The Patient Protection and Affordable Care Act of 2010
The Patient Protection and Affordable Care Act of 2010 (ACA) embodies many reforms of the health insurance industry in the United States. The principal objective of the ACA is to ensure access to health insurance for everyone. As of 2014, almost everyone in the United States will be required to have health insurance. In addition, no one may be denied coverage by health insurance companies, regardless of age, preexisting conditions, or the amount of coverage that may be subsequently needed. The rationale for these reforms is that if all Americans are members of the insured pool, the risks for insurance companies will be spread across a larger group of persons so that the cost of private insurance will be less.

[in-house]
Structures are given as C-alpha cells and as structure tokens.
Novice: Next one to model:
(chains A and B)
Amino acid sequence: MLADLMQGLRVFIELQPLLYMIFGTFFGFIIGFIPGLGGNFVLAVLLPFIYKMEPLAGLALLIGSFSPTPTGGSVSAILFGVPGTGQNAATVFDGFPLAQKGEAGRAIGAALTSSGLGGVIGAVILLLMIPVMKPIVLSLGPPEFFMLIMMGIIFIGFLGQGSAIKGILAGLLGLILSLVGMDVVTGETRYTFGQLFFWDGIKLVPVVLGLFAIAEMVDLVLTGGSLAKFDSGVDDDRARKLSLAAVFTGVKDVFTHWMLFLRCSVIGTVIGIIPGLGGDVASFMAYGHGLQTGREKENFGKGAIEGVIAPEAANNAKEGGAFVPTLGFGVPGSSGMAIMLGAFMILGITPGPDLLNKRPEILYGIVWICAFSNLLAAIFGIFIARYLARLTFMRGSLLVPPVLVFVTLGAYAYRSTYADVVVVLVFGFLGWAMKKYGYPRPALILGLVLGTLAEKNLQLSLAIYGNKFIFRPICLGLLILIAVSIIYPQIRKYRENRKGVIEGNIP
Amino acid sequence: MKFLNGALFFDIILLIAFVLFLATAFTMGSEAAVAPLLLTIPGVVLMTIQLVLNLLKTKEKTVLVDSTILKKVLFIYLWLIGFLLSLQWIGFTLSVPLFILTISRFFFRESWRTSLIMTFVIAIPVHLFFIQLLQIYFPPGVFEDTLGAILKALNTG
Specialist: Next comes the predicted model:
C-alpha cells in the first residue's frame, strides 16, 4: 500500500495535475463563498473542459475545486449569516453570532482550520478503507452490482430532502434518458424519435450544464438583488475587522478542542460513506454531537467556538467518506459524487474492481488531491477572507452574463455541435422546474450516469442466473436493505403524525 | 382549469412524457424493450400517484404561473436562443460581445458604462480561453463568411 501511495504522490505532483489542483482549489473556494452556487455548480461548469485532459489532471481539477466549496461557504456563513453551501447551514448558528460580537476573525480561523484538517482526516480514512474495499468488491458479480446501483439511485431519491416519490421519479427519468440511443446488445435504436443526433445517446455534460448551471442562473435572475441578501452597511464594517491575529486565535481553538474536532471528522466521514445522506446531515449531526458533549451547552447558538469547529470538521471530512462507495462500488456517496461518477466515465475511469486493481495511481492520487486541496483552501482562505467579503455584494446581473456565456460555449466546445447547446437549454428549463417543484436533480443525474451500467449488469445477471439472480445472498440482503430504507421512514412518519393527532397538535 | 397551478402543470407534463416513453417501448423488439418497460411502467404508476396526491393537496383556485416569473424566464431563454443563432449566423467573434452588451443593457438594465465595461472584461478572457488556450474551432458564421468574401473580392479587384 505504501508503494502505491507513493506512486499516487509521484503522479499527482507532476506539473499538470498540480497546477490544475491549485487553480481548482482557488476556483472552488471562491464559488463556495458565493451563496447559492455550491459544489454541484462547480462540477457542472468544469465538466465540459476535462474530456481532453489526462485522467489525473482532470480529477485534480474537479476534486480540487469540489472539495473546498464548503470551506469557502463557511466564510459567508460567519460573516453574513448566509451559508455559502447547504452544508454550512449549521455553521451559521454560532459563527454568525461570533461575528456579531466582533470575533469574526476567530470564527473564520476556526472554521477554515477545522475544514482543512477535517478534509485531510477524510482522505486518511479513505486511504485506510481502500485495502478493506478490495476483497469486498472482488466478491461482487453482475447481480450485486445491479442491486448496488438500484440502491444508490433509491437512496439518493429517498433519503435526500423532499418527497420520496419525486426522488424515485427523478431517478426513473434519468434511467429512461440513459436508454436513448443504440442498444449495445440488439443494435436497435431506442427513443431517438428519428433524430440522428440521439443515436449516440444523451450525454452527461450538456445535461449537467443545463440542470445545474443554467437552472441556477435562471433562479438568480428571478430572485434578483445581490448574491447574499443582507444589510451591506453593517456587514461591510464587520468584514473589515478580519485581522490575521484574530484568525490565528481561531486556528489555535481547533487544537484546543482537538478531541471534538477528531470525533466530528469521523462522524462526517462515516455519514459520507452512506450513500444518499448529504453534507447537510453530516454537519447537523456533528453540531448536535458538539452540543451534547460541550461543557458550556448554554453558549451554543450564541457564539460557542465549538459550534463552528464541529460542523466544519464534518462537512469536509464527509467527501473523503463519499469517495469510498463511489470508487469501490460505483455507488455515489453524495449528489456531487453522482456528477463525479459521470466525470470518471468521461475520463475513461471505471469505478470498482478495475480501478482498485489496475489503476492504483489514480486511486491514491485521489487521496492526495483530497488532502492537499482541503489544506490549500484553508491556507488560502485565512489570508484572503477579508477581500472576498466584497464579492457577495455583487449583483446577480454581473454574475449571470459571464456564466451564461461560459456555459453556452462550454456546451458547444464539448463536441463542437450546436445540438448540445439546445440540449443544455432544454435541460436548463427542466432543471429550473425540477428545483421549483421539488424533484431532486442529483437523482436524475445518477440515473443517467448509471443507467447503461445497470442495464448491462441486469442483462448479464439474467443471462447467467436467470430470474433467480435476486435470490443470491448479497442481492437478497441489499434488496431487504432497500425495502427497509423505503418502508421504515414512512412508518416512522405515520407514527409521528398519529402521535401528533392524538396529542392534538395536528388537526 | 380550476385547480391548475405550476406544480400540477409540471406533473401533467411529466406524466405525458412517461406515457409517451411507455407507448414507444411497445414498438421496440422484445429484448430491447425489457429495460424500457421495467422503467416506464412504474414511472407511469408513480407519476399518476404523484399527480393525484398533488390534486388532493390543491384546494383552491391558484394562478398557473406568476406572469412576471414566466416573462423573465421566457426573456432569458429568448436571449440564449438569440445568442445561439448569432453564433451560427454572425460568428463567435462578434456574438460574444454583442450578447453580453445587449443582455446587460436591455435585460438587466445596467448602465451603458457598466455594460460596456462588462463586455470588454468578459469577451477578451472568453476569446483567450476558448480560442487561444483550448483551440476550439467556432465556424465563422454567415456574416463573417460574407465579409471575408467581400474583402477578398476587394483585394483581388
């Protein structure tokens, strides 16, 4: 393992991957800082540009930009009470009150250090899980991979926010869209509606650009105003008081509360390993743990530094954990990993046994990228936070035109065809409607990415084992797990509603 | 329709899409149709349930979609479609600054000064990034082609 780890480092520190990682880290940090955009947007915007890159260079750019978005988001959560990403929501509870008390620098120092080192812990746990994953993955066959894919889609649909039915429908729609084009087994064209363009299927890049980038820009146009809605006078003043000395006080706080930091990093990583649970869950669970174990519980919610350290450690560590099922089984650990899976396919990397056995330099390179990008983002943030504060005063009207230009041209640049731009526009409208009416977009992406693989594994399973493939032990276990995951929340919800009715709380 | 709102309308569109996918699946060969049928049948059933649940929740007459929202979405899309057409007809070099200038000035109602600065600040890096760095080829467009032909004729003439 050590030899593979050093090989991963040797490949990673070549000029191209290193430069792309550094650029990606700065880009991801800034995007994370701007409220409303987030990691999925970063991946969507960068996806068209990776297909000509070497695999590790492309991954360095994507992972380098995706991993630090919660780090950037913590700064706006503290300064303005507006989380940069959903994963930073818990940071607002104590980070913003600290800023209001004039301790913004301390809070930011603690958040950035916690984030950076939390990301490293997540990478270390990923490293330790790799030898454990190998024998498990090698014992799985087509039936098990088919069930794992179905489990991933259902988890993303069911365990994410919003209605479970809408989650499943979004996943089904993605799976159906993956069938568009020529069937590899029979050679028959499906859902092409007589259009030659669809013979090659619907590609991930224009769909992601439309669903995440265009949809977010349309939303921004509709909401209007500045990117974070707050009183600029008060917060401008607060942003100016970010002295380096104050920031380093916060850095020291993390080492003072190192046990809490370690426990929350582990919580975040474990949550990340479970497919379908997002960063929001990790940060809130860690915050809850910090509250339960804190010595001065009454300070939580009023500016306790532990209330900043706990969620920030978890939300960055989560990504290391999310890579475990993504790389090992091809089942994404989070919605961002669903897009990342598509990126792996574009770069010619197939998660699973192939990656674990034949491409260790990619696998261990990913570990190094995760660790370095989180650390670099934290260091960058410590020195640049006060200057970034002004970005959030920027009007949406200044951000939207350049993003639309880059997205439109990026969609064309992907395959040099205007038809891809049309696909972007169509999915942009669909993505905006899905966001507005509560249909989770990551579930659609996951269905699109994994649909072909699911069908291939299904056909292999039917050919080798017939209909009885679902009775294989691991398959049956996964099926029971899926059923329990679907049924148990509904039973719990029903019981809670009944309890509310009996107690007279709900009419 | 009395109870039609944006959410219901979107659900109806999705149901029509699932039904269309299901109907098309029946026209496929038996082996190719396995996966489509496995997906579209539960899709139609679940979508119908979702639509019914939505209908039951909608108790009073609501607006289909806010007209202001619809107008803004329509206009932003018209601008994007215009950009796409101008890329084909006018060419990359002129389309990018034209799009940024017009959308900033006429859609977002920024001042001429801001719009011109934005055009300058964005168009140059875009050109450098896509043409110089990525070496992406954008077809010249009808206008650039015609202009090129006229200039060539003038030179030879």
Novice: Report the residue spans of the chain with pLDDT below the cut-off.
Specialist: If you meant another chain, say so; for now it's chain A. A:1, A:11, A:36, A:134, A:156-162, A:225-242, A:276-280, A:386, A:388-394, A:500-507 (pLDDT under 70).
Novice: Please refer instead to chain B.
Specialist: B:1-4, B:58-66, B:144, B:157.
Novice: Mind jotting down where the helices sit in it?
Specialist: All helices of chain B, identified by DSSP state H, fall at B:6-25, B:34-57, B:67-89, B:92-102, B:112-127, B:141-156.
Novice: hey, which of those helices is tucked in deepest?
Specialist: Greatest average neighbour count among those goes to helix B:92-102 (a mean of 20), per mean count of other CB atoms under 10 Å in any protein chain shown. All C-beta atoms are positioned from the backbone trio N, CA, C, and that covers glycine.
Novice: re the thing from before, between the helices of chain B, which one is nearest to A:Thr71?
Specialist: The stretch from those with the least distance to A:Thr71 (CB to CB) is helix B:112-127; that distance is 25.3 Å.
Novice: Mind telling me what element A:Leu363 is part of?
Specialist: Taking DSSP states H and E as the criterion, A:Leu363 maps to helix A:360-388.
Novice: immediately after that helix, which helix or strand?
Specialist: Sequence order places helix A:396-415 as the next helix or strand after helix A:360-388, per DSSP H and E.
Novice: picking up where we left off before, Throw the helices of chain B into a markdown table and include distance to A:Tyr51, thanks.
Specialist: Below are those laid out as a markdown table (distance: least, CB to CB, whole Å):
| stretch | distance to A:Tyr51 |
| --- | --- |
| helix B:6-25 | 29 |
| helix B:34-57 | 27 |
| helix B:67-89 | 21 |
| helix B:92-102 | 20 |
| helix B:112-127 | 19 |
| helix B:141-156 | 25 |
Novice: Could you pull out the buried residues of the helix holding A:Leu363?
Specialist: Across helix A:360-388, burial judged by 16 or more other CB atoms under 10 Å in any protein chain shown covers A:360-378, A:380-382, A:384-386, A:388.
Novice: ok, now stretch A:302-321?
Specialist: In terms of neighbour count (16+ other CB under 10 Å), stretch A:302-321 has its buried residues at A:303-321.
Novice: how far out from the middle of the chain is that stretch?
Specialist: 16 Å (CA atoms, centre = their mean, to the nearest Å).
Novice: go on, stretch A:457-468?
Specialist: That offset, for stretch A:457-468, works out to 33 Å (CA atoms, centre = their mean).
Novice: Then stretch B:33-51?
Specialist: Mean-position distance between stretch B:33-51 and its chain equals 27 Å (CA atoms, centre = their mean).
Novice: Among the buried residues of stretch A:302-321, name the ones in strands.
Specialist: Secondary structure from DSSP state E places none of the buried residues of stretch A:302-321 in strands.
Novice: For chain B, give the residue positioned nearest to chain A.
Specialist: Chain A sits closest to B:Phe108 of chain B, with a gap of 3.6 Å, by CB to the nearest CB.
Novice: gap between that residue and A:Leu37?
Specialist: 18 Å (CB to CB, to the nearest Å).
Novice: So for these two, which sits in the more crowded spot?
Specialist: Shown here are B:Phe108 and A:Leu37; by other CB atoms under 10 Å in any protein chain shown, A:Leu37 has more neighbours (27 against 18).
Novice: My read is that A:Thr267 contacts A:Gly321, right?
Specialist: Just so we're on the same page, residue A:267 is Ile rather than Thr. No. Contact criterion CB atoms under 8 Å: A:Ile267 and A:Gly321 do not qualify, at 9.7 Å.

The ACA is in some respects similar to Medicare, a health insurance system run by the federal government, funded by a 2.9% tax imposed on everyone who earns wages, with 1.45% each paid by the worker and the employer. Medicare provides health insurance coverage for all individuals who are over age 65 and eligible for Social Security or Railroad Retirement benefits and for those who have received Social Security Disability Insurance benefits for two years or more. There are no exclusions for preexisting conditions, degree of health need, or age after 65. The pool of the insured under Medicare includes those who are healthy and those who are not.
The ACA provides that, by 2014, the pool for private health insurance coverage will be expanded to include nearly everyone. The pool will include younger, healthier citizens than the current Medicare pool. The Congressional Budget Office worked over the numbers daily during the legislative deliberations on the ACA, and the conclusion was that this should work.